F-104s have not been in service since 1994. F-4s are still in service after modernization of some 54 of them by Israeli AerospaceIndustries in 1997. Yet, only the F-16“Fighting Falcons” of the Turkish Air Forceparticipate in NATO’s nuclear strikeexercises known as “Steadfast Noon,”during which crews are trained in loading,unloading and employing B61 tacticalnuclear weapons. The Turkish aircraft inthese exercises serve as a non-nuclear airdefense escort rather than a nuclear strikeforce.
Significance of nuclear weapons for Turkey
Even in the absence of an imminent nuclearthreat to Turkey’s security, the view amongboth civilian and military Turkish securityelites does not seem to have changed sincethe Cold War. One explanation for theuniformity of their views lies in the prestigeattributed to nuclear weapons. There arespecific reasons that explain why Turkishgovernment officials and civilian andmilitary bureaucrats want to retain U.S.nuclear weapons on Turkey’s soil, first andforemost being the perceived threat from thestill uncertain international securityenvironment. Turkish government officials’views were expressed (in not-for-attributionnotes) as follows:“Nuclear weapons continue to preserve theircritical importance for the security of the[North Atlantic] alliance, yet they are
Nuclear Policy Paper No. 5 -
Kibaroglu – Turkey, NATO & and Nuclear Sharing
page 3
regarded more as political weapons. Ourcountry is committed to the vision of aworld free of nuclear weapons, and thus wesupport every effort in that direction. …Nevertheless, it must be acknowledged thatattaining such a goal will not be possibleany time soon, and that more time andpatience will be needed to realize thisobjective. Hence, so long as these weaponsdo still exist in other parts of the world, it isindispensible for NATO to preserve a safe,secure, and effective nuclear arsenal thatwill be capable of deterring all sorts of enemies in order to ensure the security of allof its allies. … [In NATO’s new StrategicConcept] our country want[ed] to see anexplicit confirmation of the commitment [of the alliance] to the preservation of aneffective and credible deterrent by way of maintaining a combination of conventionaland nuclear weapons capability. In additionto that, our determination for thepreservation of the transatlantic link andsolidarity as well as fair risk and burdensharing to continue to constitute thefundamental principles of the nuclearstrategy of the alliance will persist.”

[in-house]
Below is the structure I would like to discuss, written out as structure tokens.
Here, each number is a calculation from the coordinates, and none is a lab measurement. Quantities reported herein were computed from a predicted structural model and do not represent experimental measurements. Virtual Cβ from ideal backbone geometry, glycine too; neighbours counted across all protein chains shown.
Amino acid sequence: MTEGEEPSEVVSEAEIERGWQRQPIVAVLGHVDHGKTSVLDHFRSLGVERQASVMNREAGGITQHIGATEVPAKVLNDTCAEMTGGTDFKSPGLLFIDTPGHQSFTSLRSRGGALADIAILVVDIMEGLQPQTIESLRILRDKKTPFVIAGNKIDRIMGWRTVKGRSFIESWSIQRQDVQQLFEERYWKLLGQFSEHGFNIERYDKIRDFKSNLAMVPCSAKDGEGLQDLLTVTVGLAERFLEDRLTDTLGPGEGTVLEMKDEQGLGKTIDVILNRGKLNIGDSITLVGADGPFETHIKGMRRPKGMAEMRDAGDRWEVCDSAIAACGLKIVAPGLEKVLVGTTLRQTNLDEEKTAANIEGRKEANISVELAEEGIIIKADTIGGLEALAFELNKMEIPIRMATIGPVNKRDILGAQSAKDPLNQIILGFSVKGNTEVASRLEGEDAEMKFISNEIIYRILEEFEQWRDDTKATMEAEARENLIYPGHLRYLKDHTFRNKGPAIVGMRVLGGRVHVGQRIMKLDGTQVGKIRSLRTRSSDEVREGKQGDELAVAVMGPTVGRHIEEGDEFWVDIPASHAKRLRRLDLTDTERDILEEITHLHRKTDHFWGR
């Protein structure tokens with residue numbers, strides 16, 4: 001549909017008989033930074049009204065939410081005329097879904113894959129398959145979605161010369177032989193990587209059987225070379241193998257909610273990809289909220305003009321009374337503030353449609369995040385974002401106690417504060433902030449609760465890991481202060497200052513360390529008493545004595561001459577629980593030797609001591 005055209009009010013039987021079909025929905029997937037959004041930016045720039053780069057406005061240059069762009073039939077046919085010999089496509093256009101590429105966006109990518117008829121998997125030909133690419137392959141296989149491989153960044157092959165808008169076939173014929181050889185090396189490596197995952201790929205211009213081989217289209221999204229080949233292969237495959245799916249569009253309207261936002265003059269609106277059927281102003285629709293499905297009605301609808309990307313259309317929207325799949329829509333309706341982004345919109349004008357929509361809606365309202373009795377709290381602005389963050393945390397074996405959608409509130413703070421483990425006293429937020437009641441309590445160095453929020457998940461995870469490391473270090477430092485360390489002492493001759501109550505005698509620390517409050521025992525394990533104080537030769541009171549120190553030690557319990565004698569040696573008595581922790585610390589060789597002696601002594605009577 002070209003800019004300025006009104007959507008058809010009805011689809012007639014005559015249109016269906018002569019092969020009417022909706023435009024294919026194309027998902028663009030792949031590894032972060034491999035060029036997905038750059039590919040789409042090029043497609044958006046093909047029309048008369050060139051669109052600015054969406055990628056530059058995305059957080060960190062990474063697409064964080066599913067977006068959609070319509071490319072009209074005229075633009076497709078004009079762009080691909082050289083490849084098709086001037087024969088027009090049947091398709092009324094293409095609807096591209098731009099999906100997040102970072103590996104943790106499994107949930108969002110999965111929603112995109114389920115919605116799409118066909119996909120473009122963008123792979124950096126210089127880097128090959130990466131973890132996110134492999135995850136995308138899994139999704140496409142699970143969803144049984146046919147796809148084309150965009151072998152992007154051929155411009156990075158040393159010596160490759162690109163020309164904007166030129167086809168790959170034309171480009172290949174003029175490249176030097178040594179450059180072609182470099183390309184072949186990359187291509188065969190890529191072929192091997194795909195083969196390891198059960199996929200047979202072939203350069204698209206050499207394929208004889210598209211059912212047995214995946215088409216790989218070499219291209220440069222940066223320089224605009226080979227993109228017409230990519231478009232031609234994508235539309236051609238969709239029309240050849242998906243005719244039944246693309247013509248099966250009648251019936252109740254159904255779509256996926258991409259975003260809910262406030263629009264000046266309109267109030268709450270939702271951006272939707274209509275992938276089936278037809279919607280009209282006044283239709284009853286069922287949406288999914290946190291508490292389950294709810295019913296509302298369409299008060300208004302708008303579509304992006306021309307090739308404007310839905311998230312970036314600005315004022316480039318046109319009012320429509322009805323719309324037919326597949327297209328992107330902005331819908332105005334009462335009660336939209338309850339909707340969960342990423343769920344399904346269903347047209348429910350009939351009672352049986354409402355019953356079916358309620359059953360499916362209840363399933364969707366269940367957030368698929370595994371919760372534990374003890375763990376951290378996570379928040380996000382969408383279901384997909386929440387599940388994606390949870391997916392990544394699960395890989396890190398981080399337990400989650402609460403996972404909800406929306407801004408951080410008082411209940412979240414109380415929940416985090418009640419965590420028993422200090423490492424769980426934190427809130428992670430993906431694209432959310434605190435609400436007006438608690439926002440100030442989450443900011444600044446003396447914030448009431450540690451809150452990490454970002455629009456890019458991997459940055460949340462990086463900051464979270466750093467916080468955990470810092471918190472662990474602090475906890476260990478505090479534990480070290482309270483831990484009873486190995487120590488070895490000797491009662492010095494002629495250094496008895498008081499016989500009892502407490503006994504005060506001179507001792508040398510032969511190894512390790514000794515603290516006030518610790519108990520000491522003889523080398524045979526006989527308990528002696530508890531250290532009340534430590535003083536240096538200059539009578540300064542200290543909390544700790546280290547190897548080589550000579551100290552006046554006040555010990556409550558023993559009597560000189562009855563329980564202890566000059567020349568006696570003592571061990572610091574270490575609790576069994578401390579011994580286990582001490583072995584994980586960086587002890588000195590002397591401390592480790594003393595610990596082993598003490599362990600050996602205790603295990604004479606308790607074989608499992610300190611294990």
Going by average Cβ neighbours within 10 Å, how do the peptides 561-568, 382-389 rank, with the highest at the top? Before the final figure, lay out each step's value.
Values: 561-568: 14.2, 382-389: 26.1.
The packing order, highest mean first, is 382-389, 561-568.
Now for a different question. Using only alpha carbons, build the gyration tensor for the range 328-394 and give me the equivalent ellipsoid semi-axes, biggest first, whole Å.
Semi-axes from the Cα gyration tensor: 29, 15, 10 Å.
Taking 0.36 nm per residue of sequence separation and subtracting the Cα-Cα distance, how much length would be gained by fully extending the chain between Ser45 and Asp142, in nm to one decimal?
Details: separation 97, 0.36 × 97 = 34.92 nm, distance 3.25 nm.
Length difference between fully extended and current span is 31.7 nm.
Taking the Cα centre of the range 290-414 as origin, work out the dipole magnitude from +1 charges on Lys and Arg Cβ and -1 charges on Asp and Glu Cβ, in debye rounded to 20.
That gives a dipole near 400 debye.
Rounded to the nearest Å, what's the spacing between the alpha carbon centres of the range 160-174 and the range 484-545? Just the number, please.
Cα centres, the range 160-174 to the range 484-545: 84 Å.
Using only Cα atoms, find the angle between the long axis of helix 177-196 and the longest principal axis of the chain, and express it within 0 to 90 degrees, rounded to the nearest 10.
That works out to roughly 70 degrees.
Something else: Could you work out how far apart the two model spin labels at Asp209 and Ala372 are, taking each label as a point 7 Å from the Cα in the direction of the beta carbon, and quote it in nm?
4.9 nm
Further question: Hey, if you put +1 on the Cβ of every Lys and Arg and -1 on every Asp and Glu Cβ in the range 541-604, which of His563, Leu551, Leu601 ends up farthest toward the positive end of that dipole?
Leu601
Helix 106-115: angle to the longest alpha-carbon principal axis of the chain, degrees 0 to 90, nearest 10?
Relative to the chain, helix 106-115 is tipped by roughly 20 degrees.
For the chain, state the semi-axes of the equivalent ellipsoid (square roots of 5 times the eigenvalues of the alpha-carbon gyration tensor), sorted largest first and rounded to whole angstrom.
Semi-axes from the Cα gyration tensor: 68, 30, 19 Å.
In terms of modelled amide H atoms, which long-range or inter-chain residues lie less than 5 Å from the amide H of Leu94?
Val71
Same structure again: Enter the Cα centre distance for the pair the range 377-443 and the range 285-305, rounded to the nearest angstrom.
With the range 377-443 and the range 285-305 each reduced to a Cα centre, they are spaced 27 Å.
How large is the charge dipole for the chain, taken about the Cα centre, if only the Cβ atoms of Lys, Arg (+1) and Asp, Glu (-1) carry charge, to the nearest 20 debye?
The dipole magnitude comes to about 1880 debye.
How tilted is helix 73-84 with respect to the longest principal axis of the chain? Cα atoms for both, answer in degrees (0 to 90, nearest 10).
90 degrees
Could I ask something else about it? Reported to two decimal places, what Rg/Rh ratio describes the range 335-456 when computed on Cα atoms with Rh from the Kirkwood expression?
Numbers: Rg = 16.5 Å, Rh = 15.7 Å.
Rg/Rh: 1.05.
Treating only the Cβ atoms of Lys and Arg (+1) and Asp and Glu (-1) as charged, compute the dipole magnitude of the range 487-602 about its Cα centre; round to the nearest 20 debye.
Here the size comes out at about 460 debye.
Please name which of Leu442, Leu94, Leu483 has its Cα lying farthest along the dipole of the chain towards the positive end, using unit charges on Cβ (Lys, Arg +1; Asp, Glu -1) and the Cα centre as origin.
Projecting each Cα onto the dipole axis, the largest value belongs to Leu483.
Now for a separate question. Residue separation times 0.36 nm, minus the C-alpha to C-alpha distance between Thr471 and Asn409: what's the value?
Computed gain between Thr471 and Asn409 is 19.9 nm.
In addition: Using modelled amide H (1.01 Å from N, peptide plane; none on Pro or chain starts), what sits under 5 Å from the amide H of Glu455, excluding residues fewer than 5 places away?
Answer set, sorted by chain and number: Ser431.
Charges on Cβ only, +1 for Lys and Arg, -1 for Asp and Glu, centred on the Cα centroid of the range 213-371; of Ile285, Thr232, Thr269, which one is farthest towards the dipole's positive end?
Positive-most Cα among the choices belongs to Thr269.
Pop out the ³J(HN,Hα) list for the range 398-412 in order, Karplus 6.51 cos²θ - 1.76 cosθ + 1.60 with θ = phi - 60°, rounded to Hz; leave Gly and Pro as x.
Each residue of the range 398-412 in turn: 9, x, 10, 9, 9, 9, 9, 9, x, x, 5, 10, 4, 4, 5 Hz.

The above quote emphasizes that whileTurkey supports nuclear disarmament, inthe foreseeable future it wants to maintainnuclear weapons on its soil for both securityand political reasons.
 Logic behind deployment of U.S. nuclear weapons in Turkey
There is, indeed, a very simple logicconnecting Turkey’s membership withinNATO and the deployment of U.S. nuclearweapons on its territory. For a long time, theTurkish political and security elite
hasviewed Turkey’s NATO membership as apotent symbol of Turkey’s belonging to theWest and the U.S. nuclear weaponsstationed in Turkey have been seen, in thisrespect, as a symbol of Turkey’s privilegedstatus within NATO. In this context, there isan unexpressed fear that an Americandecision to withdraw nuclear weapons fromTurkey could weaken Turkey’s positionwithin the alliance, and hence undermine toan extent the attraction of NATO member-ship in the minds of many. This perspectiveremained prevalent in the higher echelons of the Turkish state mechanism throughdozens of governments formed by variouspolitical parties coming from different ideo-logical dispositions and diverse worldviewsfor half a century. It has been so even withthe AKP in power since 2002, which hasbrought a new approach to Turkish foreignpolicy making by opening many of thetaboo-like issues to public debate. The AKPgovernment has taken a series of bold andcourageous steps in Turkey’s long-established security strategies, such as theCyprus issue as well as the relations withMiddle Eastern neighbors in particular, in a-ccordance with the “zero conflict” doctrine,which is a brainchild of the current ForeignMinister Ahmed Davutoglu. Notwith-standing its reformist attitude toward manytraditional foreign policy issues of Turkey,the AKP government as well has preferredto shy away from displaying its well-knownpragmatism in the area of U.S. nuclearweapons that are stationed in Turkey.The decision to deploy nuclear weapons inTurkey was first taken at the North AtlanticCouncil meeting of the alliance during theParis summit in December 1957. At thattime, there was the right-wing and conser-vative Democratic Party (known as DP, for